What is the BARF diet for dogs?
Well to some it stands for “Biologically Appropriate Raw Food” diet, while others say it means “Bones and Raw Food” diet.
Whatever you want to call it, BARF dog food emulates the natural dog diet that has been around as long as dogs have walked the planet!
The BARF Diet in a Nutshell
To prevent food allergies it’s best not to rely on one kind of meat.
How to follow the BARF diet for your dog
BASE THE DIET AROUND RAW MEATY BONES
To support proper growth food must contain adequate protein, fat, energy, vitamins and minerals. Most of these come conveniently packaged in the form of raw meaty bones.
As a simple rule of thumb your dog’s diet should be made up of around 60% raw meaty bones.
Never feed cooked bones to your dog.
They splinter and can cause fatal injury to the intestines. Similarly avoid chop bones – they have sharp angles that can perforate the gut.
What sort of raw meaty bones?
The best of these are chicken drumsticks which provide high quality protein, with a good balance of meat, essential fatty acids and fat soluble vitamins, some B vitamins, and ample energy and all essential minerals.
Other parts of the chicken such as the back, thigh and rib cage can also occasionally be used.
Because they are derived from very young animals, chicken bones are lower in toxins than meat from other species which are generally much older at slaughter.
They are also soft enough for puppies to tackle (I beat them up with a mallet to make it even easier for very young pups).
Other useful meaty bones, especially for older dogs, include pigs’ feet, ox tail, meaty ribs, kangaroo tail, and lamb shanks. Avoid very fatty meats such as lamb off-cuts, flaps and pig belly. Trim excessive fats from other meats.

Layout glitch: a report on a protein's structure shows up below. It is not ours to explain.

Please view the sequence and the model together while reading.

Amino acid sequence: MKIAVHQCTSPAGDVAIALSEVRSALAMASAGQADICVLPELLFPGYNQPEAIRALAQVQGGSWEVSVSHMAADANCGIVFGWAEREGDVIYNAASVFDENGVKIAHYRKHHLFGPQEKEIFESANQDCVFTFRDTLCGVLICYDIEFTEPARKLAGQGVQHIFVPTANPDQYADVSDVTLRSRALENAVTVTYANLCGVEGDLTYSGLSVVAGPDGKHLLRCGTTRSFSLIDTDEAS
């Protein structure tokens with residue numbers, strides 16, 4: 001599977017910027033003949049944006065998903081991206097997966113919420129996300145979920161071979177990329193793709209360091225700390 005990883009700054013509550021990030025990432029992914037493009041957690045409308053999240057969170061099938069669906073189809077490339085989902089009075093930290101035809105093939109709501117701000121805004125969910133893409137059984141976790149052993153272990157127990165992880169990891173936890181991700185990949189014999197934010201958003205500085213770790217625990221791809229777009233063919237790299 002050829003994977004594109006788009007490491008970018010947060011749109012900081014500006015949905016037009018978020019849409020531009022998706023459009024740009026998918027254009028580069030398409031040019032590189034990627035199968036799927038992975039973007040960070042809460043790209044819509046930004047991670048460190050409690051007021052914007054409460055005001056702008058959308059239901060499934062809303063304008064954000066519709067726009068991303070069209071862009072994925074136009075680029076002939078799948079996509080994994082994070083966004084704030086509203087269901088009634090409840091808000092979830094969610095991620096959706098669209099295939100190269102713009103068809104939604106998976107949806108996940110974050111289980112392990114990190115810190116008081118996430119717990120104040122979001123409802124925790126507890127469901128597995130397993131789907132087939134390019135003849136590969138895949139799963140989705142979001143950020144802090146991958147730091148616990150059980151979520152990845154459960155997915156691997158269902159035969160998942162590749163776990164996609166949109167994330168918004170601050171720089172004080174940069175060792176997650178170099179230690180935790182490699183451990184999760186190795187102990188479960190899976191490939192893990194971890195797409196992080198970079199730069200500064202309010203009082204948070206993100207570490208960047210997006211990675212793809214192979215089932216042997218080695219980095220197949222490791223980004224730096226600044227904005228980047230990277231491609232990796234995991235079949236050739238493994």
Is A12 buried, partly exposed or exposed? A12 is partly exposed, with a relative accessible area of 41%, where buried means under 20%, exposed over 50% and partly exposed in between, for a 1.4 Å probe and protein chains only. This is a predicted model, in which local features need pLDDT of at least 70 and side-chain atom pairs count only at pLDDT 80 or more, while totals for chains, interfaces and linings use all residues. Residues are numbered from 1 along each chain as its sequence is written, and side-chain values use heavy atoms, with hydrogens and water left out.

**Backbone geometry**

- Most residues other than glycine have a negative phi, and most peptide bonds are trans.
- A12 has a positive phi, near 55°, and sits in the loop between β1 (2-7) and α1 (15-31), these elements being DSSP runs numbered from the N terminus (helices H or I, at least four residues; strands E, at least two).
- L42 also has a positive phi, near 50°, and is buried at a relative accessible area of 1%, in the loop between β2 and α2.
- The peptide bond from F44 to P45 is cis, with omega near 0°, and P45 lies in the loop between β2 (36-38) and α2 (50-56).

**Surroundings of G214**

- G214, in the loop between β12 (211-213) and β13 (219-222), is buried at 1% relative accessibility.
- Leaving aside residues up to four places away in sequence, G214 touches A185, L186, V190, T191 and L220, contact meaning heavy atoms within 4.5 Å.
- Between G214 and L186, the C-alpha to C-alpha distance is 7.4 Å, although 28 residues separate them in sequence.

What raw meaty bones provide
The bone marrow is a particularly good source of iron to build up the blood and immune system.
The bone itself is a great, perfectly balanced source of other minerals, especially calcium and phosphorous. On a proper BARF diet there is no need for artificial calcium supplementation, even in larger breeds of dogs.
Despite some of the B vitamins being in short supply in raw meaty bones, dogs raised on them and little else still do better than those fed on the best of the supposedly complete and balanced commercial dog foods.
I find it very useful to provide the meaty bone part of the diet to my dogs whenever I need to leave them for a period of time. Gnawing at a bone provides useful and rewarding entertainment and can alleviate loneliness and boredom, thus circumventing possible destructive behavior.
Clean the teeth and gums
Gnawing on a bone is the doggy equivalent of brushing your teeth! Dogs that get raw meaty bones regularly have beautiful healthy teeth and gums and sweet smelling breath. They also enjoy better health.
Won’t they give my dog parasites?
While some parasites (especially tapeworms) can infect dogs through larval stages present in uncooked meat, veterinarians who have trialed the BARF diet for dogs report negligible associated parasite problems.
Most parasites passed on this way are detected at the abattoir when the carcass is inspected. Further, responsible dog owners routinely worm their pets every 3 months using a “complete” wormer anyway, which would prevent such parasites becoming established.
The Other Part of the Diet
The other 40% of the diet should be drawn from as wide a variety of foods as possible. Remember, dogs are basically omnivorous so need vegetable as well as meat in their diet.
Offal once or twice a week
For the offal component of the diet, give raw liver, heart, kidney or brains once or twice a week.
Leftovers three to four times a week
The more different foods you feed your dog, the healthier he will be, including some dairy products and plenty of vegetables.
I’ve heard a lot of nonsense about the dangers of feeding leftovers to dogs, like don’t let your dog eat onions, and adult dogs shouldn’t have dairy products!